VLADAMIR KARPOV DAY
Professor Levitt stood at the podium looking out on the amphitheater of students. Approximately 120 degrees of faces. His eyes panned them. They were all busy chattering to one another as though there was a mating ritual going on. Shuffling their papers. Slugging bottled water. Some human. Some not. The ones that were not, were there to mentor their assigned humans.
"LOOK!!!" he suddenly shouted at the top of his lungs into the microphone. There seemed a moment of gasps, and knee-jerk exclamations, and then the room fell vacuously silent. And his audience seemed frozen and were looking unblinkingly up at him. At first he just looked around nodding, then bent to put his lips close to the mike.
"Yes," he said almost in a whisper. "Do you feel that too? A sudden collectiveness? A convergence of some kind? A synergy. 327 faces with pairs of eyes and the minds behind them converging on a point? A single point. A point right about here," he said tapping the middle of his forehead with his finger. "A point just above and just between the eyes, and just a little back there in my skull somewhere. And in that moment I saw what each and every one of you was thinking. You were thinking, 'Get on with it you old fart, I have bigger fish to fry.'" He paused as a stereophonic gush of sputtering laughter, and sudden exclamations burst out and echoed around the room. And then he began pacing the floor, his hands clasped behind his back. And the room fell silent again.
"We find it easy as humans, to be distracted. Disorganized. It is such hard work to focus our attention. Difficult to get organized. Always running along behind the course of entropy stumbling over pieces of our own stuff. We find it hard at times to keep it together, as the saying goes. And so, we honor today the revolutionary mind of Vladamir Karpov who has changed all that by redefining the very structure of the human clone. Today the clone is the whole person re-invented. A replica of you, mind, soul, and body. A you that lives on after you die. And a new you that accomplishes now what you as a mortal found it difficult to accomplish in your brief fleshly lifetime."
Professor Rupert Levitt was loved and revered by all those attending the academy. He was practically an urban legend. Transfer of Being 101 was a required course, unless one had a death wish. And while there were a half-dozen professors who taught it, Levitt was the one everyone wanted to get. The student's eyes followed him as he walked from one side of the amphitheater to the other. Their heads slowly turning in unison. He wielded a large piece of chalk in one hand, and seemed to be gesturing with it as though in imaginary conversation. He removed the microphone from its stand on the podium as he passed it, and continued walking.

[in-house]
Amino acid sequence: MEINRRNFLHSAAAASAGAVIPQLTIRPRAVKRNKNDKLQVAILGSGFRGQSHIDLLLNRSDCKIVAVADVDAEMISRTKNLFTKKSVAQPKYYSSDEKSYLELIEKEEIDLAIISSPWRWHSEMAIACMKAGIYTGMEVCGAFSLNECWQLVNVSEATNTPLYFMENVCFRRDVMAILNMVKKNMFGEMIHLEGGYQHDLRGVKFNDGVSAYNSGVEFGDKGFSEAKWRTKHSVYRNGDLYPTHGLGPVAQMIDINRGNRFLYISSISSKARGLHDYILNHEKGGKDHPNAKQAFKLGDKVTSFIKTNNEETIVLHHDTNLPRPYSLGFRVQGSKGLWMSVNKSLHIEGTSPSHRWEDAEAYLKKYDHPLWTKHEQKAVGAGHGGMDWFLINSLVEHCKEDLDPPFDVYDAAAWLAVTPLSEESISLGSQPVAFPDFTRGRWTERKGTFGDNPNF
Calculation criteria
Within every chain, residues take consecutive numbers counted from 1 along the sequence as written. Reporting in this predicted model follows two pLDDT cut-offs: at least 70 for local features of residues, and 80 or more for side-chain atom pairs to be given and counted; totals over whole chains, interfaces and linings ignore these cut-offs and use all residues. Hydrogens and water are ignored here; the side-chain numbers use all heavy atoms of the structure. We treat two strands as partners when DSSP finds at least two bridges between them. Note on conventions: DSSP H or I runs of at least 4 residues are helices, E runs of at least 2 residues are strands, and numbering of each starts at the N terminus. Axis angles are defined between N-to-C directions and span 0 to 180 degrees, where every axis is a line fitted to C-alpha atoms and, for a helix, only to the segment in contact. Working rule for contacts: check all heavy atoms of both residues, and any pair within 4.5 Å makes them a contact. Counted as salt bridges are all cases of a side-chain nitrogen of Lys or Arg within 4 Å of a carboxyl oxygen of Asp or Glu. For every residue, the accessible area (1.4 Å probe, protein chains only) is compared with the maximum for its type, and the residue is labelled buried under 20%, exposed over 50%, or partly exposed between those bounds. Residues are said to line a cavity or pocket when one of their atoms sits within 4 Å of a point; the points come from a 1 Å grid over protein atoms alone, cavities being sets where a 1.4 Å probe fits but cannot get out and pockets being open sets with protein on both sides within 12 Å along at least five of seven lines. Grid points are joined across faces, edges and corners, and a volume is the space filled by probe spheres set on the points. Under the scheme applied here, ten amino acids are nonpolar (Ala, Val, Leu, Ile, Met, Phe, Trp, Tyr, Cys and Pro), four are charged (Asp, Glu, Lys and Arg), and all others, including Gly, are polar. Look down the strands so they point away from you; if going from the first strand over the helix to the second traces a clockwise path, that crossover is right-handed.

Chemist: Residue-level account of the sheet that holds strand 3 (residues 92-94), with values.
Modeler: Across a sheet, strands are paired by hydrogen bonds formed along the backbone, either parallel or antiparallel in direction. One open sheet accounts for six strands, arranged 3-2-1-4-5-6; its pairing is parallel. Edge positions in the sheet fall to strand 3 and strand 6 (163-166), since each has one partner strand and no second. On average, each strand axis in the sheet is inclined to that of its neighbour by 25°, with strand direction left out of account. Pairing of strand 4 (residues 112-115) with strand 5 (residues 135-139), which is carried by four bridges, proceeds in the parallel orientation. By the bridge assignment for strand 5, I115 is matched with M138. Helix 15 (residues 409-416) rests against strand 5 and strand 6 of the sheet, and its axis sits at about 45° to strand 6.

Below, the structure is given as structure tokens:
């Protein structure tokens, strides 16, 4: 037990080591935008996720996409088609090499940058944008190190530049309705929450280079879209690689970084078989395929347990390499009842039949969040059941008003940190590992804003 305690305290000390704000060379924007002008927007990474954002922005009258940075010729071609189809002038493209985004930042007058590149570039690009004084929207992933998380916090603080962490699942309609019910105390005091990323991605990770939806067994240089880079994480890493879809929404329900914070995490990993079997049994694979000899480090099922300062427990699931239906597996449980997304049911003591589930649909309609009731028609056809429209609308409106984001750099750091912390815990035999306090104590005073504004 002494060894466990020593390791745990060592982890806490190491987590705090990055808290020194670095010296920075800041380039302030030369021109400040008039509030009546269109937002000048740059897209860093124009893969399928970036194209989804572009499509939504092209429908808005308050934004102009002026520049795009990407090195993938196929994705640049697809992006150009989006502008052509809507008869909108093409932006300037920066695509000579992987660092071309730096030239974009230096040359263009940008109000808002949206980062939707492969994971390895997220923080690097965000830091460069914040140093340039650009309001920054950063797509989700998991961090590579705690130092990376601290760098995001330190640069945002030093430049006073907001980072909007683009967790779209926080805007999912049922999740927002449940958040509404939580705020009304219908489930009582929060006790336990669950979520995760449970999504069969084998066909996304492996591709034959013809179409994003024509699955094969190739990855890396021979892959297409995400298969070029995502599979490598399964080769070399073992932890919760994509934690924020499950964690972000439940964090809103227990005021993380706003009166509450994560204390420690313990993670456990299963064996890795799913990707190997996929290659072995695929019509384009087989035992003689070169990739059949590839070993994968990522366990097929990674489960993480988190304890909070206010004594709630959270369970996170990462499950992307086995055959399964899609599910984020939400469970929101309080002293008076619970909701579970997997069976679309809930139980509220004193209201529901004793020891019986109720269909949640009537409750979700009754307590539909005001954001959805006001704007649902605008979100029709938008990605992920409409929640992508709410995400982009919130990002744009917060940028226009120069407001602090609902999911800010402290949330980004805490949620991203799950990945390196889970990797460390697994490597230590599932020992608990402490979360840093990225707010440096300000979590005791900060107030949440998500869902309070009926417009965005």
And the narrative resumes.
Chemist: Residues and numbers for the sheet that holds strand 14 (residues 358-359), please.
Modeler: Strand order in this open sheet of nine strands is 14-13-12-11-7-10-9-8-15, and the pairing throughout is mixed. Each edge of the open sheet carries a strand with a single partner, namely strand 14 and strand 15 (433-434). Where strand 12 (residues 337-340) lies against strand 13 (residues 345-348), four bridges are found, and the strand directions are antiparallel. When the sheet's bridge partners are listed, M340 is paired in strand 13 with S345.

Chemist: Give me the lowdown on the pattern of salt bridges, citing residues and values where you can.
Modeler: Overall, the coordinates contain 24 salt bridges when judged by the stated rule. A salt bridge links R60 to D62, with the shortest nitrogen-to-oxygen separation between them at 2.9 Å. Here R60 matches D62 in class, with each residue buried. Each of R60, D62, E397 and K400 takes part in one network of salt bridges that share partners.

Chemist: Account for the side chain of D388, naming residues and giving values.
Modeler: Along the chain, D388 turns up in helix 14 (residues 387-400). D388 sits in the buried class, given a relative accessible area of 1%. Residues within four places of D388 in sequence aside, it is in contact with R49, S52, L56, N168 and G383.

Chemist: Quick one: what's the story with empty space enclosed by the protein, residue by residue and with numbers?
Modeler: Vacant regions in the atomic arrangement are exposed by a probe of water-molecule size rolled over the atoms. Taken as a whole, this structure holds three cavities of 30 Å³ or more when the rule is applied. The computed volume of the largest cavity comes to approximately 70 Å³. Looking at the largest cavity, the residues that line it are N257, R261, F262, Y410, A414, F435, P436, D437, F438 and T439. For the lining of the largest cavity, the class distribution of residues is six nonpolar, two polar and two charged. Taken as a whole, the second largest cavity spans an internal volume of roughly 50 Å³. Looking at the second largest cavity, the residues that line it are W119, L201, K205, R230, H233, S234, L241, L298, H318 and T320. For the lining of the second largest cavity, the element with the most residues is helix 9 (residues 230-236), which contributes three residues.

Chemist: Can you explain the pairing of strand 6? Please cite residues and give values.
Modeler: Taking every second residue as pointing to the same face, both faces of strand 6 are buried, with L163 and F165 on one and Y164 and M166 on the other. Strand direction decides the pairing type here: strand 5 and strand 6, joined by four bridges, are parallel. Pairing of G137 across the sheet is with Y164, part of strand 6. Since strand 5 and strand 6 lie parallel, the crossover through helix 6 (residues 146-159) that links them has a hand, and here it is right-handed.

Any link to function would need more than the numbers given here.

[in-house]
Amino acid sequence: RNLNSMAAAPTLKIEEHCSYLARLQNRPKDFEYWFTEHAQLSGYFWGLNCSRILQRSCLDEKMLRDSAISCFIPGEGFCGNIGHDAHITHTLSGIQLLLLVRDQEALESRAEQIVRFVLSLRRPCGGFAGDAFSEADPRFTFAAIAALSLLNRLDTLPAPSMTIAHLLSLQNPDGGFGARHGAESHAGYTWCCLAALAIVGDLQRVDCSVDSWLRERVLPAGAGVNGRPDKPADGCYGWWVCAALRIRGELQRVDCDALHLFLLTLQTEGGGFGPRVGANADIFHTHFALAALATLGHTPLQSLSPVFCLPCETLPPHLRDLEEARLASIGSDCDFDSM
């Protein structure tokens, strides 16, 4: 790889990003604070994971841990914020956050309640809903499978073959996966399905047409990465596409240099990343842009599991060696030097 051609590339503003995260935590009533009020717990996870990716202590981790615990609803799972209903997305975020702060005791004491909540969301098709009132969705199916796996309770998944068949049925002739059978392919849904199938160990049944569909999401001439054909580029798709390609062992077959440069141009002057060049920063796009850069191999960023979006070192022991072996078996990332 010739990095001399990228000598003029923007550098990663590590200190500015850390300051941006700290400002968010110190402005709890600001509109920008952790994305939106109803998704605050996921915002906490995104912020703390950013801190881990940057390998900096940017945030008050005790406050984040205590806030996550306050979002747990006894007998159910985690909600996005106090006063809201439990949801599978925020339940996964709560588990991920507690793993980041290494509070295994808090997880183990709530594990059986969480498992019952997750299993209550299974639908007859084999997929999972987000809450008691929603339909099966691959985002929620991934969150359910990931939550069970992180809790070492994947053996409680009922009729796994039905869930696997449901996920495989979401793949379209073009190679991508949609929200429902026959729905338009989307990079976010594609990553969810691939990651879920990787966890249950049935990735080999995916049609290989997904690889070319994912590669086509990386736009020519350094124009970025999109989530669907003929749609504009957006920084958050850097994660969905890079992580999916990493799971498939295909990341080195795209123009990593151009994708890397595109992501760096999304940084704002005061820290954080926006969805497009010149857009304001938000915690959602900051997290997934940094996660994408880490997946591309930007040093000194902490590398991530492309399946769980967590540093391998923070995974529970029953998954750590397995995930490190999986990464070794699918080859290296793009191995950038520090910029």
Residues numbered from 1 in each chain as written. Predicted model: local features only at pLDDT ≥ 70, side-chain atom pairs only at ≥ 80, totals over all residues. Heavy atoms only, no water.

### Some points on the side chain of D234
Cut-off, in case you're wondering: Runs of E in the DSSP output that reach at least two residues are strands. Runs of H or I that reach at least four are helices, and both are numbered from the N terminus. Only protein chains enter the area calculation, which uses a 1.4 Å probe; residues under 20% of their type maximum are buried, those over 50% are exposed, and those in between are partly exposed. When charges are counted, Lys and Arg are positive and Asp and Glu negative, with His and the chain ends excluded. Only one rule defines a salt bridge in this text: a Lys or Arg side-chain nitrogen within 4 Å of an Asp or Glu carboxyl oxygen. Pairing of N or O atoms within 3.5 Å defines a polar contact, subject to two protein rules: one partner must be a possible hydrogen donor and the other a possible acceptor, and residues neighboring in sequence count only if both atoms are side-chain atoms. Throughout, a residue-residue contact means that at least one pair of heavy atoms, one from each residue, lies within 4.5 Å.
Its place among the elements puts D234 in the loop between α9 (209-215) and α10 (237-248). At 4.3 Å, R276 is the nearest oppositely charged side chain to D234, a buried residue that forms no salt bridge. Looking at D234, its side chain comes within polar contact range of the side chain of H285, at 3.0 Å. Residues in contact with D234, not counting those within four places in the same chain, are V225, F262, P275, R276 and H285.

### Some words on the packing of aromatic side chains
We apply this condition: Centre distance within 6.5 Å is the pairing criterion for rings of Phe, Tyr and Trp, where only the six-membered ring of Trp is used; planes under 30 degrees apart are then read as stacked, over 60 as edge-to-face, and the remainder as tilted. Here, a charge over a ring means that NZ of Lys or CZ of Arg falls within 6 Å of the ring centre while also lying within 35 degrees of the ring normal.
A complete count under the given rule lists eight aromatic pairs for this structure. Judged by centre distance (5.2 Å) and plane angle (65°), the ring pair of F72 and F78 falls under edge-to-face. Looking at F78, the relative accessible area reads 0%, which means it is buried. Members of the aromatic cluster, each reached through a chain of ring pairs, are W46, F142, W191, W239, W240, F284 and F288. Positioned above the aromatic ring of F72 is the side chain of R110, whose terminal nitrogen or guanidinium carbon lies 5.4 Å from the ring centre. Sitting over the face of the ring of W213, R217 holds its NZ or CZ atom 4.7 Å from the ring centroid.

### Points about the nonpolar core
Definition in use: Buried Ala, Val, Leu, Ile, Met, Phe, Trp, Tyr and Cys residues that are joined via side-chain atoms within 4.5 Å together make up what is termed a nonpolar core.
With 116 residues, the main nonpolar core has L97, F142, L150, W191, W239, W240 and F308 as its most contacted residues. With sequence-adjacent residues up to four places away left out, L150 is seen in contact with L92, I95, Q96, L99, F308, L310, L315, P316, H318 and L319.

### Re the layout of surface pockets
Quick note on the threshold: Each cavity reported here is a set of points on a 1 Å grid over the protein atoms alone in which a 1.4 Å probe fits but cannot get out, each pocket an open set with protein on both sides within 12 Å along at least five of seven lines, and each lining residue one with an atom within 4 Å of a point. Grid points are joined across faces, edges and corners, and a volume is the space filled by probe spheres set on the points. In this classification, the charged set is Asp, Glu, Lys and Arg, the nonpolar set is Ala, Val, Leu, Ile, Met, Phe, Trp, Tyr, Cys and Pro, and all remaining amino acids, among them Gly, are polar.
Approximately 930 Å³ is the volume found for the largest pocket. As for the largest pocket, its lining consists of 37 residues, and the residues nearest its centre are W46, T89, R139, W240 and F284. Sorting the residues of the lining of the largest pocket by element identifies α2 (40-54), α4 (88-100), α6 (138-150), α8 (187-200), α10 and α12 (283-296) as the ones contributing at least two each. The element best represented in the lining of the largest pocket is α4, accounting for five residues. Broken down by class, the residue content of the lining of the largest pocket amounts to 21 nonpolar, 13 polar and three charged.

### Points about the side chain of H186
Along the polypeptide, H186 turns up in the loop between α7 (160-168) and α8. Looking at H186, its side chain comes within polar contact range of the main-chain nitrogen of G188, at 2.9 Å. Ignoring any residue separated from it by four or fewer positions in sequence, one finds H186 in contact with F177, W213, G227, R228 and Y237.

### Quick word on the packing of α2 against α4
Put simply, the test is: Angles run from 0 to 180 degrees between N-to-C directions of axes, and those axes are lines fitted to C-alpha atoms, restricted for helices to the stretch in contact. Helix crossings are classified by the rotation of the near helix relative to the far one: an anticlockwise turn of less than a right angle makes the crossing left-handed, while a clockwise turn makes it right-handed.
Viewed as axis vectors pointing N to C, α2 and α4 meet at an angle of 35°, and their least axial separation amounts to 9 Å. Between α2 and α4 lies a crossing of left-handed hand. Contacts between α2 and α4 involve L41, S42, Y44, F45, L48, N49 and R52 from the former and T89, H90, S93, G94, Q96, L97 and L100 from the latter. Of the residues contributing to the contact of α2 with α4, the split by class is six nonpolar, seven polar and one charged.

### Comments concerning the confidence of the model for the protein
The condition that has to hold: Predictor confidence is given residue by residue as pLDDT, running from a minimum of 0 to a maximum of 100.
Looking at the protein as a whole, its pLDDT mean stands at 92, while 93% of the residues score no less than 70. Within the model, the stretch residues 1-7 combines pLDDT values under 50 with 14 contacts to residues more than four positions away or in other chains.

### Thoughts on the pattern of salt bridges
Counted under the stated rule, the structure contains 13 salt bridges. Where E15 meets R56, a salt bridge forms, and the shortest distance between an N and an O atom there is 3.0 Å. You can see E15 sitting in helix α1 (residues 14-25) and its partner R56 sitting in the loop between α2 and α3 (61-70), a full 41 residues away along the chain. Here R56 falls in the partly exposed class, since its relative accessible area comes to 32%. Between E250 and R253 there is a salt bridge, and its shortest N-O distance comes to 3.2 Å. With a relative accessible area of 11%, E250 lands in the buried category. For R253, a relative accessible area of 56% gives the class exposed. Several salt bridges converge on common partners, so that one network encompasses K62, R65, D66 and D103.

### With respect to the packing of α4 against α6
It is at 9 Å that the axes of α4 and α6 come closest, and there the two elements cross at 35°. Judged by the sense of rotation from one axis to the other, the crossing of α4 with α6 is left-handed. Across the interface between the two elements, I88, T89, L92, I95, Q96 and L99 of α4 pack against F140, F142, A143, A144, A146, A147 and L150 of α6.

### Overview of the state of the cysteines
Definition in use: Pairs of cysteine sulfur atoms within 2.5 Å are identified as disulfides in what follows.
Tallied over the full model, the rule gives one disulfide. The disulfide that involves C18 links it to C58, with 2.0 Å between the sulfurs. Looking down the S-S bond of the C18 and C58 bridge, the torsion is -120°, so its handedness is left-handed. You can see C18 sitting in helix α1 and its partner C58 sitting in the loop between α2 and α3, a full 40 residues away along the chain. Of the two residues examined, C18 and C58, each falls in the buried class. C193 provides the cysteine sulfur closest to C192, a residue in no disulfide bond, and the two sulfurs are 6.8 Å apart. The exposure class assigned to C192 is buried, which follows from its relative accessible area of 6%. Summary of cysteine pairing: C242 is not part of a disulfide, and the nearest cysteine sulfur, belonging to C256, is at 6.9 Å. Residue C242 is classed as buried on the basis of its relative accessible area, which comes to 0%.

"Vladamir Karpov. He's the one who started it," he said, in a quiet monotone. "Some eight decades ago now. To be more exact, it was precisely at 13:35 Coordinated Universal Time, October 23rd, in the year 2,121. A holiday now. The Day of Crossing. And now on this day in 3001, you come to learn of how it is that one can decode the heart and digitize it. And how one can replicate not only one's memories, but the very manner in which you think. And most importantly, how one can transfer all that into the empty heart, the empty mind, the empty soul of a bionic clone one day," He paused on his stage and looked about.
"A clone, who can continue being you after you cease to be," he continued. "I assure you, it is not for the faint of heart. Many choose to remain mortal. That is their right. For now, I assume most, if not all, of you want to go on. I recommend that you put away your pens and pencils and jack your micro-computers into the ports on the back of the seat in front of you before I proceed. He walked back to the podium and poured some water from a pitcher into a glass. He took a long drink, and wiped his mouth.
"Now then, let us begin at the beginning. With Vladamir Karpov. He was a spindly frail kind of boy. Gangly and awkward. And he was prone to illnesses of all kinds. Most of his boyhood he spent in bed. And yet, he was quite sharp, and a voracious reader. He would lay in his bed day after day, poring through texts of all kinds, interrupted only now and then by his mother bringing a tray of food. At the age of 19, the same year he wrote the now classic Comprehensive History of Atheism, he realized he had been stricken by an aggressive mutant cancer that was immune to treatment. There was nothing that could stop it. Quite feverish most of the time, he still managed to map out the paradigm that would change all life as we now know it. Today one can see his original manuscript at the State Museum. It is entitled, 'The Transfer of Being', and it was scrawled out in his own tembling hand as his condition worsened . Unfortunately, Vladamir did not live long enough to see this hypothesized transfer take place. He was dead at 23. But then came Svetlana, his lovely daughter who began to explore the many pages he had written. She had been but an infant when her father died. We will pick up on Svetlana's devotion in our next session." He stood there before them, his arms limp at his side. Still clinging to the big piece of chalk he never used.
(to be continued...)